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Burma at 70: Why it’s time to end the Myanmar morality play

Like 90 percent of countries around the world, every year Burma (now Myanmar) marks the day its corner of the world was supposed to have changed for the better. Here it’s 4 January, when the country gained its independence from Britain. As arbitrary as it can sometimes feel, Independence Day is at least a good opportunity for reflection. Even more so when it’s a nice round number like 2018, which marks exactly 70 years of independence for Myanmar.

Every day, wherever I am, I start my morning by reading at least one article about Myanmar, a country that’s dominated my life for a decade. As I browsed news sites, blog posts, Facebook and Twitter on the 4th, I expected a dozen eloquent elegies to a country whose high hopes have fallen.

I wasn’t disappointed. Nor was I surprised.

For the past six months, the subject of my morning read has been distressingly consistent — the plight of the Muslim-minority Rohingya: unfolding stories of mass killings and gang rapes, and of a fledgling elected government unable, or unwilling, to stop or even acknowledge it. Among the ringing demands for sanctions, for boycotts, for something to be done are the same questions, to which no author can offer an answer: Will those responsible for appalling crimes be held to account? Will the Rohingya be allowed to return home? Can two polarised communities pitted in conflict ever live side by side in peace?

Or will they remain, like so many others around the world: homeless, stateless and fighting for generations to come?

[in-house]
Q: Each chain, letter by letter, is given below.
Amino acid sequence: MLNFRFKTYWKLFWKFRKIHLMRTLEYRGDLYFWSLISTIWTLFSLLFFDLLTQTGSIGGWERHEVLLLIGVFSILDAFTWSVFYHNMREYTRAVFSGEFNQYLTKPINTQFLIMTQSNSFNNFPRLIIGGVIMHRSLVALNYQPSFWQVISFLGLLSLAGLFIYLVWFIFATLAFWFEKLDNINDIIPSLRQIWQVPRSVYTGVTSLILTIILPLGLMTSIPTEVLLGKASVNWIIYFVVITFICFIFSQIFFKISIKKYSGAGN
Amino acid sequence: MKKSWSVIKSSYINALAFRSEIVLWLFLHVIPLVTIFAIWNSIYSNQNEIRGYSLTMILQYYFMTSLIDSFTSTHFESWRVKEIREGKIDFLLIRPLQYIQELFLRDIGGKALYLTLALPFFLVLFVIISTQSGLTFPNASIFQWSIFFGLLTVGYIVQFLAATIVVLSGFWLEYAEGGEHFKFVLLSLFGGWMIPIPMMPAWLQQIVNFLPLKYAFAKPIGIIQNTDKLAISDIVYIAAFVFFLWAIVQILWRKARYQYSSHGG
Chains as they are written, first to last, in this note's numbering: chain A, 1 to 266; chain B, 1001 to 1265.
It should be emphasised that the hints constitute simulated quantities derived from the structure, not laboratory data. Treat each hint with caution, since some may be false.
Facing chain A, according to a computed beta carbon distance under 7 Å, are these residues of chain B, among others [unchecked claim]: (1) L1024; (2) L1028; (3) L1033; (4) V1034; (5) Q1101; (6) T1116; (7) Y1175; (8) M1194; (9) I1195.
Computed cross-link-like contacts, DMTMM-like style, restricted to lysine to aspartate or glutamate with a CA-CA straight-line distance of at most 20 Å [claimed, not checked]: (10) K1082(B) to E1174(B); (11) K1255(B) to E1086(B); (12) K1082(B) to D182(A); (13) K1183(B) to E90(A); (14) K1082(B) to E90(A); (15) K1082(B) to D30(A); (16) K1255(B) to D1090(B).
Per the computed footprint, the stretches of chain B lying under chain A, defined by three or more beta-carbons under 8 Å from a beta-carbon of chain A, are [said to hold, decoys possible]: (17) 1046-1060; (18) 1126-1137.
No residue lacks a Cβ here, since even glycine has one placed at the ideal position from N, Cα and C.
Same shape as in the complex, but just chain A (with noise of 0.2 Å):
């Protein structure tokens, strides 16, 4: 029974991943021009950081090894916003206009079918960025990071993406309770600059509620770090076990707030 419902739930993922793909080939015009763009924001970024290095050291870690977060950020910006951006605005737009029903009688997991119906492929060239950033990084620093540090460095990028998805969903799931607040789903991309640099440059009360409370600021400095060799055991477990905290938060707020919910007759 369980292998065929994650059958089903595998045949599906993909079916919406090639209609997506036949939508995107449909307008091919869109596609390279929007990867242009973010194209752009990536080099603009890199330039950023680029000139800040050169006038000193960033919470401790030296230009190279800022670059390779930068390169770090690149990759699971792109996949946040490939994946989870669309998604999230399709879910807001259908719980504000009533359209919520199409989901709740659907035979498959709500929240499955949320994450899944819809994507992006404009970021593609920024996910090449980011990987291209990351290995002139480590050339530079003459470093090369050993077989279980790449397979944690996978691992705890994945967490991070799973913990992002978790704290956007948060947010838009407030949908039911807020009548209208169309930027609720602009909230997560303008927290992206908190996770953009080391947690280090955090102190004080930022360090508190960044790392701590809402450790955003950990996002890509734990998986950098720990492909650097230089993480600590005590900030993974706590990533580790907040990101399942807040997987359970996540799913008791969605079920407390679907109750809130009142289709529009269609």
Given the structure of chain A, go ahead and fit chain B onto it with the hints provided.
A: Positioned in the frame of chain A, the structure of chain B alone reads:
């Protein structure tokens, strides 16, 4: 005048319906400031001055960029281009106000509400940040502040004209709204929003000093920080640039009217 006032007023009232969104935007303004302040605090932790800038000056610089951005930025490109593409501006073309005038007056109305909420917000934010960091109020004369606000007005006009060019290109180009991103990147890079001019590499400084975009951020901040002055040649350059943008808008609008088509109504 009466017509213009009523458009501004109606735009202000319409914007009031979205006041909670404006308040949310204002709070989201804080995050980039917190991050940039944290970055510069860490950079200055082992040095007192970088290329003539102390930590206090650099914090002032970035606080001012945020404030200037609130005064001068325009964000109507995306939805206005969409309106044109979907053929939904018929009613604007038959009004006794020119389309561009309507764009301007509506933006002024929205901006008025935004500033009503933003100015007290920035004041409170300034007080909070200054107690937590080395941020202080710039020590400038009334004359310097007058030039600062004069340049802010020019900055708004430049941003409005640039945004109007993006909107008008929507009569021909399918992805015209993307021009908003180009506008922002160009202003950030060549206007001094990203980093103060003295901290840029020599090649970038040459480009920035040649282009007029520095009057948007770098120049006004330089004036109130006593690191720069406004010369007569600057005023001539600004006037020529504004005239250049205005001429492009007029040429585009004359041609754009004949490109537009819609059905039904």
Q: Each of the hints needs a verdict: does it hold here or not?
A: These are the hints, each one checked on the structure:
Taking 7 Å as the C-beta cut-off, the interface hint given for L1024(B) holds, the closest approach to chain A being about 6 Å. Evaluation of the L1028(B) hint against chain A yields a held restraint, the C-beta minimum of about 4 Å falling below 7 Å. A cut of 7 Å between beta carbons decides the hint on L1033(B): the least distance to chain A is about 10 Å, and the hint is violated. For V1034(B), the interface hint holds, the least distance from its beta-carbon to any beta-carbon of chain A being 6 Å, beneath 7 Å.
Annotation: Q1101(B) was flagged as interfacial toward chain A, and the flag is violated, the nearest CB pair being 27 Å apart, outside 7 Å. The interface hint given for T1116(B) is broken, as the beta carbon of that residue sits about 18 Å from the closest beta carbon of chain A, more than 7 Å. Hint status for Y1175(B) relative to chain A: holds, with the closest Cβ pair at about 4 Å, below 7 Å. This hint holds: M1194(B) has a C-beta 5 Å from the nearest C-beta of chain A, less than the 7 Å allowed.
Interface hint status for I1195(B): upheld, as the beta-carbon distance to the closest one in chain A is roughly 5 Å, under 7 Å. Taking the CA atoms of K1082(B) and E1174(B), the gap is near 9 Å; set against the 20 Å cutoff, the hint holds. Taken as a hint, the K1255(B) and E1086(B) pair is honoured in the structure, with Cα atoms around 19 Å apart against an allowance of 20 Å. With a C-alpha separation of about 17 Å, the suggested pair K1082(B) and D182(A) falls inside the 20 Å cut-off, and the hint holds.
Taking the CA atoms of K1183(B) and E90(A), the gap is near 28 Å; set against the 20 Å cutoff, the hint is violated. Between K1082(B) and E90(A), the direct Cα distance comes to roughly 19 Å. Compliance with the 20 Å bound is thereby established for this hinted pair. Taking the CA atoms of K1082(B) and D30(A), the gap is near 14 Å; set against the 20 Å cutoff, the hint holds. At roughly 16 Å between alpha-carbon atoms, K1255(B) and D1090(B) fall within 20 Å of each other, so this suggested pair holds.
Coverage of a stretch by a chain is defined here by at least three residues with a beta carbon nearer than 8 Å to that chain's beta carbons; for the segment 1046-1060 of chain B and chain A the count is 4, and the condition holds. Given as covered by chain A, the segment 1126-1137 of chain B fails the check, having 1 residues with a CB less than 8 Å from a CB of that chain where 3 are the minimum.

If history is any guide, I’d bet the latter is depressingly likely.

And on days like Independence Day, when eyes turn to the future, history should be our guide. Amid the thousands of words I read, it was the blunt appraisal of Myanmar’s famous historian Thant Myint U that stood out:

“The truth is that Myanmar has been a poor and war-torn country for 70 years.”

The last seven decades have indeed been filled with sadness. Poverty, dictatorship, and civil conflict still raging across the country have left the nation racked by a series of urgent crises, extending well beyond the tragedy of northern Rakhine. But the seven decades that came before weren’t a cake walk either, as the last kings of Burma faced the reality of their diminishing power in a world of European empires and insatiable international greed.

The last decade during which I have lived, explored and studied the history of this country had, however, felt undeniably different. Rising from the bloodstained ashes of the poorly-named Saffron Revolution of 2007, and the almost biblical destruction wreaked by Cyclone Nargis in 2008, Myanmar has seemed a country on the mend. Six months ago, someone might have written that while 13 February in Tibet is surely bittersweet, or 18 April in Zimbabwe just marks the day when the iron glove was passed from a foreign-born hand to one locally grown, Myanmar’s Independence Day in 2018 was going to be truly worth celebrating. It would have been the final fairy tale chapter in the great Myanmar morality play — a stage set with heroines and villains, somehow more good, or more evil than the rest of us. With the Rohingya crisis, however, we’ve been denied our fairy tale ending, and international heartbreak has turned, as it inevitably would, to confusion and hatred.

When I first came to Myanmar in 2008, I’d been eager to sit back and enjoy the morality show in all its blacks and whites. But inevitably, in all my years living and working here, I’ve only ever met people in the most beguiling shades of grey. People who for their entire lives have been forced to make the murky choices that come with life under a regime that was at best incompetent and corrupt. People who today are battling with how to solve wicked problems with limited resources, or to remake old certainties in a world blown open by the winds of rapid change.

I’ll admit, I have met almost-angels on my travels, but not where I’d expected.